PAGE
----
Tankers in the Sky

Along with Adobe‘s office, there are several other important companies based in Seattle, one of them being Boeing. Not only the biggest manufacturer of civil airplanes (by number), but after acquiring many "smaller" manufacturers (if you can attribute producing 100+ million USD jets and helicopters as something small at all), also the largest producer of military flying gear, including the venerable KC-135 aerial tanker. Now even the "our airplanes burn 100 litres of kerosene per minute, but what do we care for the environment" military types are not that stupid and realized, that their smoketrailers would eventually fall out of the sky of being over-used for 40 years. Yepp, tankers are in high demand, but there are not enough of them and from Army and Navy to foreign NATO forces everybody relies on the US tanker fleet, making the need for replacements even more urgent.

That being so, the process of requesting bids for replacement hardware started about 10 years ago already and was finally won by a consortium made up of European EADS and Northrop Grumman, another not so small defense industry shop. Now one would think that’s all good and well and even Americans would be happy, that the one with the better tech and the lower prices has won, but no, all that of course doesn’t matter when it’s the military throwing out tax payers’ money. So someone made a stink in the name of Boeing and everything came to a grinding halt. And what happened? What only could happen: There is still a fleet of over-aged birds flying around, whose maintenance costs more than buying a bunch of new ones. Luckily, it seems someone has come to their senses and now the issue is even being pressed within the highest authorities before something serious happens (you know, one of those fuel barrels falling onto your home due to material fatigue or something like that).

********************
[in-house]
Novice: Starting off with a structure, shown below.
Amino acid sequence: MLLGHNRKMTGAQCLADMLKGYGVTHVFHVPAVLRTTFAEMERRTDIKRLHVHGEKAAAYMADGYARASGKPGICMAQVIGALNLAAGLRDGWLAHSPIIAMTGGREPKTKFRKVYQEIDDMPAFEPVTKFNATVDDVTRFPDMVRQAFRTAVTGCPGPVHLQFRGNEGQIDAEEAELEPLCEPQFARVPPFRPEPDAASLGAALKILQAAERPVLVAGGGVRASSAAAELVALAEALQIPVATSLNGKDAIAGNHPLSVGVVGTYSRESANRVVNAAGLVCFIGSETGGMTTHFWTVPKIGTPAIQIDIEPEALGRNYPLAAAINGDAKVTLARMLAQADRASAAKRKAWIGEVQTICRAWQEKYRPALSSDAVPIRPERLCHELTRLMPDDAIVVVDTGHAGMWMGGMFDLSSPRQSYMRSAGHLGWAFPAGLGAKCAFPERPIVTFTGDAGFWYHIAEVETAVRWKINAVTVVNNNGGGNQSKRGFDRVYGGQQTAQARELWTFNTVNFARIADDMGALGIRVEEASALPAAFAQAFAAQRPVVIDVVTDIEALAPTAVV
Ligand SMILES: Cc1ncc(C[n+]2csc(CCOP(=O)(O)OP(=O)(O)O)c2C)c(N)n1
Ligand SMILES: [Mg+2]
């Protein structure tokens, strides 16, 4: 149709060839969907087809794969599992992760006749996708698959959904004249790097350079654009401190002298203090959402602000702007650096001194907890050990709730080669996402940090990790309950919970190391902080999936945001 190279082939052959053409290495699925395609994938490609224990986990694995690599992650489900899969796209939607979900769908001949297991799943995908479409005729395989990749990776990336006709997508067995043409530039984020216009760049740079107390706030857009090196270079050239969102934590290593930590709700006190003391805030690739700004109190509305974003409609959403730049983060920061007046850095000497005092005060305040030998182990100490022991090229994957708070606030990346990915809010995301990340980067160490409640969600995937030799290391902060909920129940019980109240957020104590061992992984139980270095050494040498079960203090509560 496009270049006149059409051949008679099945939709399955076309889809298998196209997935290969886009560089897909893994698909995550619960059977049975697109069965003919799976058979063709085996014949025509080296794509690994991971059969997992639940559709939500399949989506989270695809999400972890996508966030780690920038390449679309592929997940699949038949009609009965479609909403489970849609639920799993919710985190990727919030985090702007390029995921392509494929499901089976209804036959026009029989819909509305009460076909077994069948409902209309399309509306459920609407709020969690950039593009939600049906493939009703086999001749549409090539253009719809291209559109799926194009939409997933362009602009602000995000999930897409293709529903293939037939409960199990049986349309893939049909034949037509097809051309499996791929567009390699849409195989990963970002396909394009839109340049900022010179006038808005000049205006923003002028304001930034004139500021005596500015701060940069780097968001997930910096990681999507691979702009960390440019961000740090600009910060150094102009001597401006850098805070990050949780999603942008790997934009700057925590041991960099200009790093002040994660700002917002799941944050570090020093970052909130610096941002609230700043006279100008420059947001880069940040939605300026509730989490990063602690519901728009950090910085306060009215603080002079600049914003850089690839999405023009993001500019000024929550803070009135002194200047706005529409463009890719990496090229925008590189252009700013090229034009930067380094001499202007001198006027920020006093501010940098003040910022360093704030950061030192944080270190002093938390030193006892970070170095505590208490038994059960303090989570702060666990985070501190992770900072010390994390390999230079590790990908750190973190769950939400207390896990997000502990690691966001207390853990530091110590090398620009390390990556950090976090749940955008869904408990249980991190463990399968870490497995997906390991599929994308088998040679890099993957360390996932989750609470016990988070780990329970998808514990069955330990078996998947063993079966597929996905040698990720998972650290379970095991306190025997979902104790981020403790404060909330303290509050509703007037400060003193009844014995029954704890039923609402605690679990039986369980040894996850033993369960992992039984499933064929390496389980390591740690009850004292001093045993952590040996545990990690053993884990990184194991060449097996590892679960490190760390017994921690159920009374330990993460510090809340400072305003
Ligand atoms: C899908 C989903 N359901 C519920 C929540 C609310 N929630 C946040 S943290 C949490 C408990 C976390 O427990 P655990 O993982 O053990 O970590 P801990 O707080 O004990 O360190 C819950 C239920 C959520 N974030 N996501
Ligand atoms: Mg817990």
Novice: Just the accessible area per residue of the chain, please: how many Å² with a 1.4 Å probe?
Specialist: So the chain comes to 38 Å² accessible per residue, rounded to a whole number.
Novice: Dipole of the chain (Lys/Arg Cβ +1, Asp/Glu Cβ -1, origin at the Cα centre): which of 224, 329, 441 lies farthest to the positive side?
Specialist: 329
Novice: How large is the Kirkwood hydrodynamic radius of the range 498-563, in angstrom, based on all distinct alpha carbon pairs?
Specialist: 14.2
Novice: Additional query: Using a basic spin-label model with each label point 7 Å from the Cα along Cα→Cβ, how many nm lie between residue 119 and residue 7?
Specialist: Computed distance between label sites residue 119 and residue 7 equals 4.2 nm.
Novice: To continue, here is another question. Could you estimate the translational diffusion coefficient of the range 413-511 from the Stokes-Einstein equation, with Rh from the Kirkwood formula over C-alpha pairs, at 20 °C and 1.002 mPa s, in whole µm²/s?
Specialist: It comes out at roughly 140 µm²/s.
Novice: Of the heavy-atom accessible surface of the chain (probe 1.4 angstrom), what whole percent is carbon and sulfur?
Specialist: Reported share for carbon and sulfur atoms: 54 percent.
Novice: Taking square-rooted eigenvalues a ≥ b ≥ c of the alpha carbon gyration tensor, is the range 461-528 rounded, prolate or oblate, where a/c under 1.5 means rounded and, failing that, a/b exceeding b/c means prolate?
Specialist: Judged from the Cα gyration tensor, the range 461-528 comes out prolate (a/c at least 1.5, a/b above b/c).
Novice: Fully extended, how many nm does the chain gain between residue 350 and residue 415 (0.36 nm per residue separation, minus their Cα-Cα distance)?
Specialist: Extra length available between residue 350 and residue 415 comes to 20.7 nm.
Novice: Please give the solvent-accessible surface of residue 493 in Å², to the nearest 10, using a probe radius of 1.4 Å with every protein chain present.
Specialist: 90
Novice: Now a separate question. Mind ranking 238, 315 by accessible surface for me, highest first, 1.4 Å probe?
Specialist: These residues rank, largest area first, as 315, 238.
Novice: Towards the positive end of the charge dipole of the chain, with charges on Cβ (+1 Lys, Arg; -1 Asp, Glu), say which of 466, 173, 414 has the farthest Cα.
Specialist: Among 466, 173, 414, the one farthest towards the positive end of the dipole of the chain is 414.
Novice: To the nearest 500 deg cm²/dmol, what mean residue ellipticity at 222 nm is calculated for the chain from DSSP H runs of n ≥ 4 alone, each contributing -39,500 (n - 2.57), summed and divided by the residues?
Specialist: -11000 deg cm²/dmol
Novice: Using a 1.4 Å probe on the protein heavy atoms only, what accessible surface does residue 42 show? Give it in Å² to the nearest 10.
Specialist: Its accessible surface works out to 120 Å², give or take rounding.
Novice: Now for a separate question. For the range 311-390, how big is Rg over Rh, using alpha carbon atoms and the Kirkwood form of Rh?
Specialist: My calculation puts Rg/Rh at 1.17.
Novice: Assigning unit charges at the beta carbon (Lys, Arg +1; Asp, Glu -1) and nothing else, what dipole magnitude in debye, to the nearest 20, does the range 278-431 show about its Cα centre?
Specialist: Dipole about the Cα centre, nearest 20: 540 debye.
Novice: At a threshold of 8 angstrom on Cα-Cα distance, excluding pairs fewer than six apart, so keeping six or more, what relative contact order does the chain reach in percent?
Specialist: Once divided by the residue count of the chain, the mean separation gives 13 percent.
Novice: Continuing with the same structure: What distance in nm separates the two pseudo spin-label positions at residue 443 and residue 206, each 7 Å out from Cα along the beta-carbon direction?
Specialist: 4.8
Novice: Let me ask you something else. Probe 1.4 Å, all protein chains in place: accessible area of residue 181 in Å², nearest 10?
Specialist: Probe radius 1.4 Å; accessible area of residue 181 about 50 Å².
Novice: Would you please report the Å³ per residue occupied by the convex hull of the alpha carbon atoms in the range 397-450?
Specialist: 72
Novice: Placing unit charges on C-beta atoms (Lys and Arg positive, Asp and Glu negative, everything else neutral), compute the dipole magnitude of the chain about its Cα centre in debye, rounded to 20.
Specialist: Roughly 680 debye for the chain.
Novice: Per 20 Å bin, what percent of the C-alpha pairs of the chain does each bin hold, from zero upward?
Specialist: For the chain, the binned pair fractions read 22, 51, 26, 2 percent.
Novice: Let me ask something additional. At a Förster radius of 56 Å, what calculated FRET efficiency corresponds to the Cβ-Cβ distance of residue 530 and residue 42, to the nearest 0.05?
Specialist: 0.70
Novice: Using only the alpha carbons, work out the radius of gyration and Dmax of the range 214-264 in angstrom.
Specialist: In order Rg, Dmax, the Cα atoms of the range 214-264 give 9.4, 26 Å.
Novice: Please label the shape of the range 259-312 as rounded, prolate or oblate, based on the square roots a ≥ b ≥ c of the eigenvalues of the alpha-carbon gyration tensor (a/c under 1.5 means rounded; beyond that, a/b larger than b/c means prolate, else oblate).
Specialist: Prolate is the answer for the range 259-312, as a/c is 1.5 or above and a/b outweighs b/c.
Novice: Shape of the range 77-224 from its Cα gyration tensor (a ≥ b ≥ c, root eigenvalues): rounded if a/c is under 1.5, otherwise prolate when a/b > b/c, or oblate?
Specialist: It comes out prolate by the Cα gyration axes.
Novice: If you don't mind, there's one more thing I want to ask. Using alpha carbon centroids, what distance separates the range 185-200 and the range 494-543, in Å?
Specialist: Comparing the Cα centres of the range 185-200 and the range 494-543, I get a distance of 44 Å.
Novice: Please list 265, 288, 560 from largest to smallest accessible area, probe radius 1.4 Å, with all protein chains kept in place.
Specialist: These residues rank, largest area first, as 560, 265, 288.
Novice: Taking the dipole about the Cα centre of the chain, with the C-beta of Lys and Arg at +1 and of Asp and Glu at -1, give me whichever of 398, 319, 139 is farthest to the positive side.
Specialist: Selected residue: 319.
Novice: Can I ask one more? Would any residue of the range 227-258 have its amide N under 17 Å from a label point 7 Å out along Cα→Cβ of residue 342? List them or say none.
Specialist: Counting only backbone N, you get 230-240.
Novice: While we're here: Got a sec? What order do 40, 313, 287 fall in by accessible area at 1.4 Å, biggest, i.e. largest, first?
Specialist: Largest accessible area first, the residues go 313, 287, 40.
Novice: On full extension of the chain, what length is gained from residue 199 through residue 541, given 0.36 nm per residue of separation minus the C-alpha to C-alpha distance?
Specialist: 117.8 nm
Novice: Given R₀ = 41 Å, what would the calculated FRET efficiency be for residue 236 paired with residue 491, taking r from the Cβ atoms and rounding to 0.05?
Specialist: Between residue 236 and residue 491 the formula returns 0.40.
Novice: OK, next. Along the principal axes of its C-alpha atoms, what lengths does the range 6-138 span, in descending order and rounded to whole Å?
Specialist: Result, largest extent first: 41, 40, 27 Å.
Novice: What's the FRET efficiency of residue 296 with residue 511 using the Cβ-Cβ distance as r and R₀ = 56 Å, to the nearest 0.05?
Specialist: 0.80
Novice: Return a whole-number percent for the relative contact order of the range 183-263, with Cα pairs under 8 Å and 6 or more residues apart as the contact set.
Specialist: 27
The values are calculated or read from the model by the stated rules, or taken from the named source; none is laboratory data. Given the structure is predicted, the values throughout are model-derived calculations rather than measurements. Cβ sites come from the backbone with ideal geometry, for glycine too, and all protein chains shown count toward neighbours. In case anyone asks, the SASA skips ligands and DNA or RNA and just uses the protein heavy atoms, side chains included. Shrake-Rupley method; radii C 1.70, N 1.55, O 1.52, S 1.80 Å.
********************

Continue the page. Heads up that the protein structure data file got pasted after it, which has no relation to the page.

The solution being forced involves both manufacturers, which gives room for some interesting speculations/ observations.

  • Due to the massive delays on all ends, the need has now grown so considerably, that it wouldn’t be possible for just one company to replace all ailing equipment in time.
  • Constant warfare in Afghanistan, Iraq and a few other places has eaten up what hours the old machines still had left on their dials.
  • The actual requirement may in fact be a lot hire than the numbers planned originally.
  • Now throw that all together, and what do you get? Exactly! It is going to cost twice as much than it would have 10 years ago. But then, isn’t that always true with military spending? The only consolation is, that on the other hand projects, that make much less sense like the F-22 Raptor, have been trimmed down.

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